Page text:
“I know what it is to be in love, lass; I learned that as young as you, and, although you never heard me say it page 78 before, I learned the pain of doubt in love; and now, when I see you with the bonnie bloom faded from your rosy checks and the glittering sparkle vanished from your eyes, I just ask myself, Can the poor lassie be in the same trouble that made my young days so dark? and I think I must be nearly right.”

When this speech was ended Kirsty's cheeks were wet with tears. Her mother had never showed such a gentle sympathetic nature to her before. To find one so dear to her who could appear to enter right into the same state of mind with herself broke up all the stiffness of her nature, and she was now a little girl in her mother's hands. They walked together in silence to a neatly-trimmed arbour67, and there sat down, and for a while each merely toyed with the twigs of the clematis68 and the rose as they intertwined beside them and over their heads.

“Tell me what your trouble was, mother,” at last said Kirsty, as she took her mother's hand in hers, and, raising it to her lips, gave it a sweet, loving kiss.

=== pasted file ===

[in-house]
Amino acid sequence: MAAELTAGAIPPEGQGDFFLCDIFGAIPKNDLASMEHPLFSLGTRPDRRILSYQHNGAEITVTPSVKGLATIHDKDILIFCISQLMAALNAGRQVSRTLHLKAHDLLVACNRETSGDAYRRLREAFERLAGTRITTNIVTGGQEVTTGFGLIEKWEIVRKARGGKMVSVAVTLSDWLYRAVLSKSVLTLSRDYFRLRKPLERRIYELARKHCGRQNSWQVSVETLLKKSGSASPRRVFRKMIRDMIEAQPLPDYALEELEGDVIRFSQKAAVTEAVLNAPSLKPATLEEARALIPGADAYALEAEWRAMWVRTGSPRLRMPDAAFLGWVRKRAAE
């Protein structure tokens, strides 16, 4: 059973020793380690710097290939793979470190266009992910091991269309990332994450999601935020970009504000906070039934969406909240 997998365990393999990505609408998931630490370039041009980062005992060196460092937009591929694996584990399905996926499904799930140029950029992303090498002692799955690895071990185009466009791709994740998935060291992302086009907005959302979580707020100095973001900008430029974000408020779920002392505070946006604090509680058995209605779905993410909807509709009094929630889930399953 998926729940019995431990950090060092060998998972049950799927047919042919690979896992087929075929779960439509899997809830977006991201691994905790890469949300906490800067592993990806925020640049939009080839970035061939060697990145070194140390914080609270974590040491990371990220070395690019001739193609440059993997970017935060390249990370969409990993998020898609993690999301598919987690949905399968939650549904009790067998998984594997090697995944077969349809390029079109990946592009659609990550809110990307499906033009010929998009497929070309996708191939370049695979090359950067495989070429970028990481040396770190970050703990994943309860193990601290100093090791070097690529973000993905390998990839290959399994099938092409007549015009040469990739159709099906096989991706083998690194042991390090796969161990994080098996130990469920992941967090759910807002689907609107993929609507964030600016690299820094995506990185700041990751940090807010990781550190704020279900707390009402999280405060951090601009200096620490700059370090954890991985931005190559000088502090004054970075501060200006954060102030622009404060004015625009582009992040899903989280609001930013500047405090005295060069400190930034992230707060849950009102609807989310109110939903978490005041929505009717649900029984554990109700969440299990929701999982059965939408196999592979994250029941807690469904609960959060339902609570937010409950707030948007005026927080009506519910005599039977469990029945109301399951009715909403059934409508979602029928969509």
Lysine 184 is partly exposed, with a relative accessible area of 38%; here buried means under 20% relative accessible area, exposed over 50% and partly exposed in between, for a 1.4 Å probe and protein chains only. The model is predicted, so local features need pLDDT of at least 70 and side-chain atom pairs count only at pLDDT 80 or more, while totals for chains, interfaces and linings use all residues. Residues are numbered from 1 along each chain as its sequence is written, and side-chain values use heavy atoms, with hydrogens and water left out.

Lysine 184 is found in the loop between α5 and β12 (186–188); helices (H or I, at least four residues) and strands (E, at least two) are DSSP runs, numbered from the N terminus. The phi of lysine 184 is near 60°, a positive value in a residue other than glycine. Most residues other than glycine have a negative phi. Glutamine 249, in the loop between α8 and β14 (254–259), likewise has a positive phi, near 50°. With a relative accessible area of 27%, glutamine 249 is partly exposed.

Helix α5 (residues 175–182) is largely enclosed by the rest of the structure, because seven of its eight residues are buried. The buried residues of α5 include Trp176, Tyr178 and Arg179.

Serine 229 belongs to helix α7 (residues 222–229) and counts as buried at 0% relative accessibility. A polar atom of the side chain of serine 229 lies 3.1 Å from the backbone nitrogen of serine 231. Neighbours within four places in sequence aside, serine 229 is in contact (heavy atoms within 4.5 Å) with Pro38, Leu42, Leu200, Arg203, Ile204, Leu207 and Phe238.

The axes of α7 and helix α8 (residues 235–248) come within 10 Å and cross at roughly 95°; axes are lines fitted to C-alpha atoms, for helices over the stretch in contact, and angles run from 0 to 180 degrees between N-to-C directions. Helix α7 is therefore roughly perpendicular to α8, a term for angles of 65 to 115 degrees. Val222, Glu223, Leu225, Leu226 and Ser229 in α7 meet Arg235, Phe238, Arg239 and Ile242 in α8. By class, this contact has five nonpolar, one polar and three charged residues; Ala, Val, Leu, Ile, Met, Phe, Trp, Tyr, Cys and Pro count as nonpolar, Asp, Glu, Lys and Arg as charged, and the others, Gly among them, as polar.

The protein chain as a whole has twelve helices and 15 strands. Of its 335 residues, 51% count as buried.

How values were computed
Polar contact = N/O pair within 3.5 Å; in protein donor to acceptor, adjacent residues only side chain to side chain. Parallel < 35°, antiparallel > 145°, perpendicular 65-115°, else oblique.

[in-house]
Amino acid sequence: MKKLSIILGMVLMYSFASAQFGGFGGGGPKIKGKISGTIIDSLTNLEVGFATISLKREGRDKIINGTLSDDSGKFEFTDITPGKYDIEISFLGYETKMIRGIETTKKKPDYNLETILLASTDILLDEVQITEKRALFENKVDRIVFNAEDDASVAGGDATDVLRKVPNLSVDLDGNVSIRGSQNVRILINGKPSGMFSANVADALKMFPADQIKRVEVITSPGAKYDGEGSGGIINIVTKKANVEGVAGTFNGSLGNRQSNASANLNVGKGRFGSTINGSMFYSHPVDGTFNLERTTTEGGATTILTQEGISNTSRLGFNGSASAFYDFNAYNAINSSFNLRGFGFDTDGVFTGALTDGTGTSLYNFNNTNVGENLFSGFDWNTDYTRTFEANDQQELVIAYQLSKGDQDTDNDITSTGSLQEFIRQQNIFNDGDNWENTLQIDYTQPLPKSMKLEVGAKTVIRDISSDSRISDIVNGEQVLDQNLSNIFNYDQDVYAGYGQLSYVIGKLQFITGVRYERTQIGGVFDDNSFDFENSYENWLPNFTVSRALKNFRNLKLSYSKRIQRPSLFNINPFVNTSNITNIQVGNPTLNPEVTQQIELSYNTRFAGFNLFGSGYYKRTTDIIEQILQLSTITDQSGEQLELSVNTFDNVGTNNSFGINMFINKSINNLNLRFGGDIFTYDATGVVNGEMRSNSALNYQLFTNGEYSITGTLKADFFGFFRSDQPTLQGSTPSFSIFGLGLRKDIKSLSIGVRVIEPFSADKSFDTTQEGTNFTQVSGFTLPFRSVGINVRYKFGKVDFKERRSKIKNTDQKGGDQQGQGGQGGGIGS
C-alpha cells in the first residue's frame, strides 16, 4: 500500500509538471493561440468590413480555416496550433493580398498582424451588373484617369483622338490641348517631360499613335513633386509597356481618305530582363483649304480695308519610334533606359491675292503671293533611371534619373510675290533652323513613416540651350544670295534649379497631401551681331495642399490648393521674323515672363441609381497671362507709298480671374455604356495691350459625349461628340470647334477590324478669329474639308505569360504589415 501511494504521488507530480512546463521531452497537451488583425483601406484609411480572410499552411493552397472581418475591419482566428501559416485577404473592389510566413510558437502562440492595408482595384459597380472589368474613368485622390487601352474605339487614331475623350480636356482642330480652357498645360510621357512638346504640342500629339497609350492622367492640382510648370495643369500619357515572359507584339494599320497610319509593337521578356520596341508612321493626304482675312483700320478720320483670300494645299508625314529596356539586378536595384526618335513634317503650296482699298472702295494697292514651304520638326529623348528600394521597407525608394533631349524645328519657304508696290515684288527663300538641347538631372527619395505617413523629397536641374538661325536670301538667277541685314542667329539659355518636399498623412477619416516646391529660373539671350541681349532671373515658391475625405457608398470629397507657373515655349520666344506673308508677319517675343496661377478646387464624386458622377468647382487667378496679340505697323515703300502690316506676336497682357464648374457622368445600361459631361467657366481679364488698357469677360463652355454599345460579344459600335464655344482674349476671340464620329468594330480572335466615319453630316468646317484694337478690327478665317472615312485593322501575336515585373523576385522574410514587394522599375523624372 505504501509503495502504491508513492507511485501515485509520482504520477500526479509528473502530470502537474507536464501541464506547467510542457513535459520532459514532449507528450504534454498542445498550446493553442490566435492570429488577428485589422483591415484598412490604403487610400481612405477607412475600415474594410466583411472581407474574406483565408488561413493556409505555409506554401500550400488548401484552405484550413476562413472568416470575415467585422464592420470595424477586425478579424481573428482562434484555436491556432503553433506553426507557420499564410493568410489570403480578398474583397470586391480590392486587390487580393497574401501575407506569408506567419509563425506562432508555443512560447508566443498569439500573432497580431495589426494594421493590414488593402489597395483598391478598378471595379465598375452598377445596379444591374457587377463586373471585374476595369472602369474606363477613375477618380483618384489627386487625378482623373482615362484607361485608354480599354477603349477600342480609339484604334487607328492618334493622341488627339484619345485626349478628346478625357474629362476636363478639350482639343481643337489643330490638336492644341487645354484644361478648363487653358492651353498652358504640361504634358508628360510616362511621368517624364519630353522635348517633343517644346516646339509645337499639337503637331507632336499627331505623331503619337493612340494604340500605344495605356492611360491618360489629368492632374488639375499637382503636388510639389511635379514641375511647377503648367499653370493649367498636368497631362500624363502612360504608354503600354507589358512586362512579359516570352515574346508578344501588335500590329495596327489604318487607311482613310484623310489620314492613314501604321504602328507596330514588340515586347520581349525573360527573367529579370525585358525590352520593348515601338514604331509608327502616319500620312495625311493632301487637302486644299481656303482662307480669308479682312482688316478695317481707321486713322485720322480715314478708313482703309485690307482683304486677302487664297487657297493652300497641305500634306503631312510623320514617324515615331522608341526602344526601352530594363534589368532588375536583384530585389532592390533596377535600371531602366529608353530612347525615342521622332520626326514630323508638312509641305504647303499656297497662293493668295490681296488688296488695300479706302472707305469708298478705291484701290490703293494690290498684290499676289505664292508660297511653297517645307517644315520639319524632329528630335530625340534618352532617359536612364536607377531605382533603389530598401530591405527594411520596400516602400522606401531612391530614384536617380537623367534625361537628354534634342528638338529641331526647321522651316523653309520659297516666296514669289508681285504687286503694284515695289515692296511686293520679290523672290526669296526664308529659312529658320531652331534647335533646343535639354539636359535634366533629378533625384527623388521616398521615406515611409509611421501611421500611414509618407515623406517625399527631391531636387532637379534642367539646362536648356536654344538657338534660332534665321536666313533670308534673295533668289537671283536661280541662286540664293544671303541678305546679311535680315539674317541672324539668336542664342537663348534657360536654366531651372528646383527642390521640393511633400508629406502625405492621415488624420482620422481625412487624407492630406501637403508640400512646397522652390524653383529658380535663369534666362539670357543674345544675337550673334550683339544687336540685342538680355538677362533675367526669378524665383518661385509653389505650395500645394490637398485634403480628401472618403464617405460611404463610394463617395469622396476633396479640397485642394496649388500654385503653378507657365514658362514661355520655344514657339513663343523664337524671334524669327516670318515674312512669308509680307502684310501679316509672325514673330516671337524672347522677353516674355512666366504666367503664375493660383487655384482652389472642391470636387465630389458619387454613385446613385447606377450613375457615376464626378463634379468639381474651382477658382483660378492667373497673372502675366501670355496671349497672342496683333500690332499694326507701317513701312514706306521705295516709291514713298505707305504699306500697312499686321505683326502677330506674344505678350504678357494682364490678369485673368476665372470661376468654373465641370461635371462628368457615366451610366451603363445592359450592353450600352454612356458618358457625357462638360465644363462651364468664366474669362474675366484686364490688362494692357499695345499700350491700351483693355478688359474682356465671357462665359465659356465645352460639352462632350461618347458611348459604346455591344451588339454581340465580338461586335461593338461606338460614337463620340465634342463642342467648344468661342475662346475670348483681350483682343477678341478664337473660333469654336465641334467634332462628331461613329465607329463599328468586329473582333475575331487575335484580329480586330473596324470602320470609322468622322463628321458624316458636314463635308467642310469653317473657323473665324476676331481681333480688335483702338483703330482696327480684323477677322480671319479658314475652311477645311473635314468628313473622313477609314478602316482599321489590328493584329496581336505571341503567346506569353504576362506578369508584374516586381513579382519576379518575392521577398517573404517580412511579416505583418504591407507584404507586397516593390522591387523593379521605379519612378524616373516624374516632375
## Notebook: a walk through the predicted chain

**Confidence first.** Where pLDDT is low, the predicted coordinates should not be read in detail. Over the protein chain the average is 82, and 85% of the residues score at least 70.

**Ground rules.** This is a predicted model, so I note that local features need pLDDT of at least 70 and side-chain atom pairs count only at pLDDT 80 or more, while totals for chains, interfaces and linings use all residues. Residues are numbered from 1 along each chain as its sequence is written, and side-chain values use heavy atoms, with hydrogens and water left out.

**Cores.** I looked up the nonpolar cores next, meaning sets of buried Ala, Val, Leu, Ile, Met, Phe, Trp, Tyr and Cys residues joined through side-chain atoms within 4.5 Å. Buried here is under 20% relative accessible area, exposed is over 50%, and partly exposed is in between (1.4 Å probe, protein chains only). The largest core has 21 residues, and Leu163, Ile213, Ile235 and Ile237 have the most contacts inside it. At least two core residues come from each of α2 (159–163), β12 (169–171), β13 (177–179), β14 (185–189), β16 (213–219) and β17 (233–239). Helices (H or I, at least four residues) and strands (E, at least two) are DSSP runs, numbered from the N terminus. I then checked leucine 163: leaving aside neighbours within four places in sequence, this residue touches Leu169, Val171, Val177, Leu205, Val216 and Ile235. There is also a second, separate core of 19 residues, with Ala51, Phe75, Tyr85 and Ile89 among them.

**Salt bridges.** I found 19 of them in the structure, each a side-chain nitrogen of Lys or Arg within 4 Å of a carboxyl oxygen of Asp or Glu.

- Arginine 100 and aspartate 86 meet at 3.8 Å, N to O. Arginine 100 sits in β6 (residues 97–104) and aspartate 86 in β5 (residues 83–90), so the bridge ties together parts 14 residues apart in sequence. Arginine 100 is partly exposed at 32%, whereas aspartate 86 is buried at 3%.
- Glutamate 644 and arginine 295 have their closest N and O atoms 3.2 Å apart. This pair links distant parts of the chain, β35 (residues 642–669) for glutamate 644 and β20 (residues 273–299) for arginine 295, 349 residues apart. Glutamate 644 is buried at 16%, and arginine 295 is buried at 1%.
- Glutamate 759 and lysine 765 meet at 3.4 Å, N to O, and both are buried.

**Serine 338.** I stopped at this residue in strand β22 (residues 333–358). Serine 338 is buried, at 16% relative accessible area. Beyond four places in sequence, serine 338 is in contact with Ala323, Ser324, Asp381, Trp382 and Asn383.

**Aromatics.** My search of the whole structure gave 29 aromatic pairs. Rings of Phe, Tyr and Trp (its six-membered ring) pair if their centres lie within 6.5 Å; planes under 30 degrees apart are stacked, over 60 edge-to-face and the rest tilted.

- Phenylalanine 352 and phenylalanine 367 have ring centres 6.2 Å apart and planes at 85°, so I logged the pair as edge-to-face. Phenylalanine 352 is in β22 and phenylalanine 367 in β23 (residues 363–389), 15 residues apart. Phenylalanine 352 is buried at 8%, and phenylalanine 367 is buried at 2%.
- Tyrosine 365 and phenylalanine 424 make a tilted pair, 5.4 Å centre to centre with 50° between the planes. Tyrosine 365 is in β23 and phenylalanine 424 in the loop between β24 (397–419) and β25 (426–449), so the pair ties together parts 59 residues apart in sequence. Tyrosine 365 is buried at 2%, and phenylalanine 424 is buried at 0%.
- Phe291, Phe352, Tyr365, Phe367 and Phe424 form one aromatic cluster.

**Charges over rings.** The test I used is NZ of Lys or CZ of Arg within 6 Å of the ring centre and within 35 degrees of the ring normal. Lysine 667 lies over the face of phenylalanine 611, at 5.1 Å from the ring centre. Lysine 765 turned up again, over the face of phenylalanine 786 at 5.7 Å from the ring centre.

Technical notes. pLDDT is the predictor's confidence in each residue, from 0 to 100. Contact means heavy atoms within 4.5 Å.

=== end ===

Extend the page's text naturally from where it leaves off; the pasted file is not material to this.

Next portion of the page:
The mother saw her point was almost gained, and, to complete her conquest, she told a story of her youth.

“Your father was not my first lover, Kirsty. He was a tall, fair lad, with big strong shoulders. I met him in the house of my Auntie Ramsay, over in Ayr69, where I had been sent to enjoy a holiday.

“His father had a large farm close by my aunt's place, and he was one of her favourites; and often I have thought she sent for me, for the purpose of making a match between us.

“He was often in the house; I grew fond of his company, and he seemed to pay me a flattering attention. page 79 I could sing then, and he both sang and played the fiddle, and that had something to do with our youthful fancies.